To build on the setup, I also signed up for Back­blaze, an online file backup ser­vice that’s really cheap and easy to use. The ser­vice con­stantly checks your machine and exter­nal dri­ves to see if any­thing has changed and needs a backup. It all hap­pens in the back­ground, so you just set it up and never think about it again. The first backup does take a few days, though, depend­ing on the amount of data you’re stor­ing. They have a free 15 trial, which is a great way to test it out.

I also pur­chased SuperDuper, an inex­pen­sive desk­top app that allows you to com­pletely clone your machine, cre­at­ing a bootable copy. You can even sched­ule back­ups, which is great.

Finally, the sys­tem also makes use of Drop­box and Apple’s iDisk. More details below on how I use these two services.

The Setup

I put together this dia­gram to help visu­al­ize my setup. Here’s how it works:

All of my data is kept on my iMac’s inter­nal drive. Cur­rent and archived work files, impor­tant doc­u­ments like my resume, and my Aper­ture Library Backup, live in my Drop­box folder. I do this to cre­ate more redun­dancy for my most impor­tant data.

I’ve kept my old 120 GB drive and use it to store really old work, videos, pic­tures and my iPhoto Library. This is not pre­cious data.

Every other day I have SuperDuper clone my iMac to one of my Lacie 1 TB dri­ves, lets call this one Drive A. Imme­di­ately after that is done I have SuperDuper clone Drive A to my other Lacie 1 TB drive, let’s call this one Drive B. Once a month SuperDuper clones my 120 GB drive to Drive B. I only do it once a week because the data on that drive won’t change that often. All of the SuperDuper back­ups are set to Smart Update. It’s a great fea­ture that only copies files and fold­ers that are new or have changed. This con­sid­er­ably speeds up the process after the ini­tial backup.

Once a week the cur­rent work folder in Drop­box, my Address Book and iCal data­bases, Safari set­tings, key­chain, fonts and cur­rent pho­tos are copied to iDisk using Apple’s Backup app.

For extra secu­rity, I’ve setup Back­blaze to con­stantly backup my iMac’s inter­nal drive, which includes my Drop­box local folder, and the 120 GB drive.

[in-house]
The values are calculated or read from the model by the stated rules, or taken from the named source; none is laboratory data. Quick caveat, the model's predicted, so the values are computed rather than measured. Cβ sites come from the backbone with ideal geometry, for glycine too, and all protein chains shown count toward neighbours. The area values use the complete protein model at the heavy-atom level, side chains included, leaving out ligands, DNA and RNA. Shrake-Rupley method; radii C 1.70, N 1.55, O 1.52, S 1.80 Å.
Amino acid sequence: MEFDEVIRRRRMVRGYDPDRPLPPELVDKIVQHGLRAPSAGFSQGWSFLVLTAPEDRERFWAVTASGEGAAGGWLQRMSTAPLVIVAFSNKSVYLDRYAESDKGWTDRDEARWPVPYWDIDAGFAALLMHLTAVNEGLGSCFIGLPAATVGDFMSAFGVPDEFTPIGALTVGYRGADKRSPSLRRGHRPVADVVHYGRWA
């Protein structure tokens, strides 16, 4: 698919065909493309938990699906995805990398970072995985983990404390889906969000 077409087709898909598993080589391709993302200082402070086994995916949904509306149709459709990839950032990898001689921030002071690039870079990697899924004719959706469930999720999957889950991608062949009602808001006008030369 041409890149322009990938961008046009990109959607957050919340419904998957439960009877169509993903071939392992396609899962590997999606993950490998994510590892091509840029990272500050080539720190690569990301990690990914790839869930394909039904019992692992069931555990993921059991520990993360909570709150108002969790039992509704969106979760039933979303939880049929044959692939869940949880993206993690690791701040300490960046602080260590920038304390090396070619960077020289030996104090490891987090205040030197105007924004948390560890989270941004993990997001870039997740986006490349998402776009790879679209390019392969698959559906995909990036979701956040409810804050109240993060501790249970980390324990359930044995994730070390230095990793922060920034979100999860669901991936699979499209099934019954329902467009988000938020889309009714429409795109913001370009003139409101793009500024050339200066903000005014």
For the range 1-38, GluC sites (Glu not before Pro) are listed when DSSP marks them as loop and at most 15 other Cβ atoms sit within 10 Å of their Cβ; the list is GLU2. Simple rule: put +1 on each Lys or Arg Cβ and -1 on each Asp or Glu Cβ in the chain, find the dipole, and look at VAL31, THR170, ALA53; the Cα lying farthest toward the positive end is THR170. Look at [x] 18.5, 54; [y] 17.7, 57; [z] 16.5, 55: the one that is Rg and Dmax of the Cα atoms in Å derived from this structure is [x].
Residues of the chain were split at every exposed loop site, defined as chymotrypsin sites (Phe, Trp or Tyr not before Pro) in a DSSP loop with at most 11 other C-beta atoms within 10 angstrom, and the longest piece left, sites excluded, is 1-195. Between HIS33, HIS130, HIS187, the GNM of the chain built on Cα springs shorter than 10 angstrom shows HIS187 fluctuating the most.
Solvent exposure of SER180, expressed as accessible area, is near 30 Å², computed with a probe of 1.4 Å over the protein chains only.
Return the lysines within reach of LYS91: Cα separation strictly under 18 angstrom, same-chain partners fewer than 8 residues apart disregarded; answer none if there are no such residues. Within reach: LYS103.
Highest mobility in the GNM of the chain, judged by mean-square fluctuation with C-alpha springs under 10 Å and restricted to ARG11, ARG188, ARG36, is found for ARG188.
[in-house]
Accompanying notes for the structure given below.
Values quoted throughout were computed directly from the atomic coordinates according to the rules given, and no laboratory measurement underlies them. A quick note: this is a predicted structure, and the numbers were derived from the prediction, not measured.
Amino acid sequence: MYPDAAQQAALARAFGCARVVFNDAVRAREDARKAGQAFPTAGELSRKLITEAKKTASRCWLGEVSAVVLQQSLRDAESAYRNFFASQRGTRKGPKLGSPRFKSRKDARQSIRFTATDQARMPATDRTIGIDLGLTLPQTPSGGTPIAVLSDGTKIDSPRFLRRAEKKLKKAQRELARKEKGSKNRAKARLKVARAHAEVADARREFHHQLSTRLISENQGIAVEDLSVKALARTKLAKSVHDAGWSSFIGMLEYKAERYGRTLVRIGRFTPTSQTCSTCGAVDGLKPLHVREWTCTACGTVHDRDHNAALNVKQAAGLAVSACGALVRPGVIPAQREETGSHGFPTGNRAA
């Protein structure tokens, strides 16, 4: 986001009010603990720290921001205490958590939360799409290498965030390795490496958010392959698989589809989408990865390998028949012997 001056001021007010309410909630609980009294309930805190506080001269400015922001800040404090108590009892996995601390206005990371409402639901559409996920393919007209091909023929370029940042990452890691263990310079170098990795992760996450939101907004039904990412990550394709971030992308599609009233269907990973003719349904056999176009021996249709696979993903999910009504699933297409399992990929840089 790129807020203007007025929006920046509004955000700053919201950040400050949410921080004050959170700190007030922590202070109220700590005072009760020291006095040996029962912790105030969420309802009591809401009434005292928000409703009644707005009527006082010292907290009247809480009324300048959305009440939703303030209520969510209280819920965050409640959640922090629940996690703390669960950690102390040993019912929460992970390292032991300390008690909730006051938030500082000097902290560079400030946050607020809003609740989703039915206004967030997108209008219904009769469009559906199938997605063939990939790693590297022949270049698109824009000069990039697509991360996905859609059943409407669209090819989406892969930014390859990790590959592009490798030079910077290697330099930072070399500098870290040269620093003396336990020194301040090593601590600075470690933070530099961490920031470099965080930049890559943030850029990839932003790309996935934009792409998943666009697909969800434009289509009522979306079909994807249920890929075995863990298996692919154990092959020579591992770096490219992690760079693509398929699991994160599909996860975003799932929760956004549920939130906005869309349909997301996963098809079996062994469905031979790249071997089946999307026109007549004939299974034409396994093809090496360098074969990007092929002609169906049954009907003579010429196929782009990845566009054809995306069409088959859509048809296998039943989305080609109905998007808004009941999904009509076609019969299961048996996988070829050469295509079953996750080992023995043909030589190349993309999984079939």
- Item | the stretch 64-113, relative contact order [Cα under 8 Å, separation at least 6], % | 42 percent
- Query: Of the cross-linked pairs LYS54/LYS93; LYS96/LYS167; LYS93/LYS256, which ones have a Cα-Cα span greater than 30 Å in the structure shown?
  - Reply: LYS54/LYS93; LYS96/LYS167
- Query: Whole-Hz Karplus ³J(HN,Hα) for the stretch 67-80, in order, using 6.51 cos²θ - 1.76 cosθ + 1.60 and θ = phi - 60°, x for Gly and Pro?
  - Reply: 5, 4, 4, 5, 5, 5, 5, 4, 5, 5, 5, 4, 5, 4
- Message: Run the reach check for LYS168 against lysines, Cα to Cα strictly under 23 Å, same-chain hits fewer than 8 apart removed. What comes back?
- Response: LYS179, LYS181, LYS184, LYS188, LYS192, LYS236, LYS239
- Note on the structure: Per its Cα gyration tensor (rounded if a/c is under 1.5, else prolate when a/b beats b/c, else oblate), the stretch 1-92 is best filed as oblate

Dur­ing all this I have Time Machine con­stantly backing-up to Drive B.

This setup cre­ates 6 copies of my vital data:

 – Inter­nal iMac Drive
 – Exter­nal Drive A
 – Exter­nal Drive B
 – Drop­box
 – iDisk
 – Back­blaze

and 3 copies of my unim­por­tant data:

 – Exter­nal 120 GB Drive
 – Exter­nal Drive B
 – Back­blaze

This is a good amount of redun­dancy and will pro­vided a good level of secu­rity and piece of mind. I’ll prob­a­bly expand on this in the future. Those Lacie dri­ves are cheap, so why not get another one to clone one of the other dri­ves. Even­tu­ally, I want to have an off-site drive, just for added security.

When I was first looked into backup sys­tems, I had no idea where to begin. Hope­fully this arti­cle has been help­ful to those who are still unsure on how to pro­ceed. I also sug­gest read­ing this arti­cle by John Gru­ber for more infor­ma­tion on the subject.

Writer iPad App


Yes­ter­day, the tal­ented Oliver Reichen­stein, and his crew at Infor­ma­tion Archi­tects, released Writer for the iPad. The app is a well-designed, stripped down writ­ing tool that allows you to focus on your writ­ing instead of dis­trac­tions. There’s a Focus Mode that removes auto-correction, spell-checker, tool­bars, scrolling, edit­ing, cut/copy/paste and fades out all the text except for the three lines you’re work­ing on. The mode is really great for when you’re stuck on a sen­tence and need to con­cen­trate on that small sec­tion of text.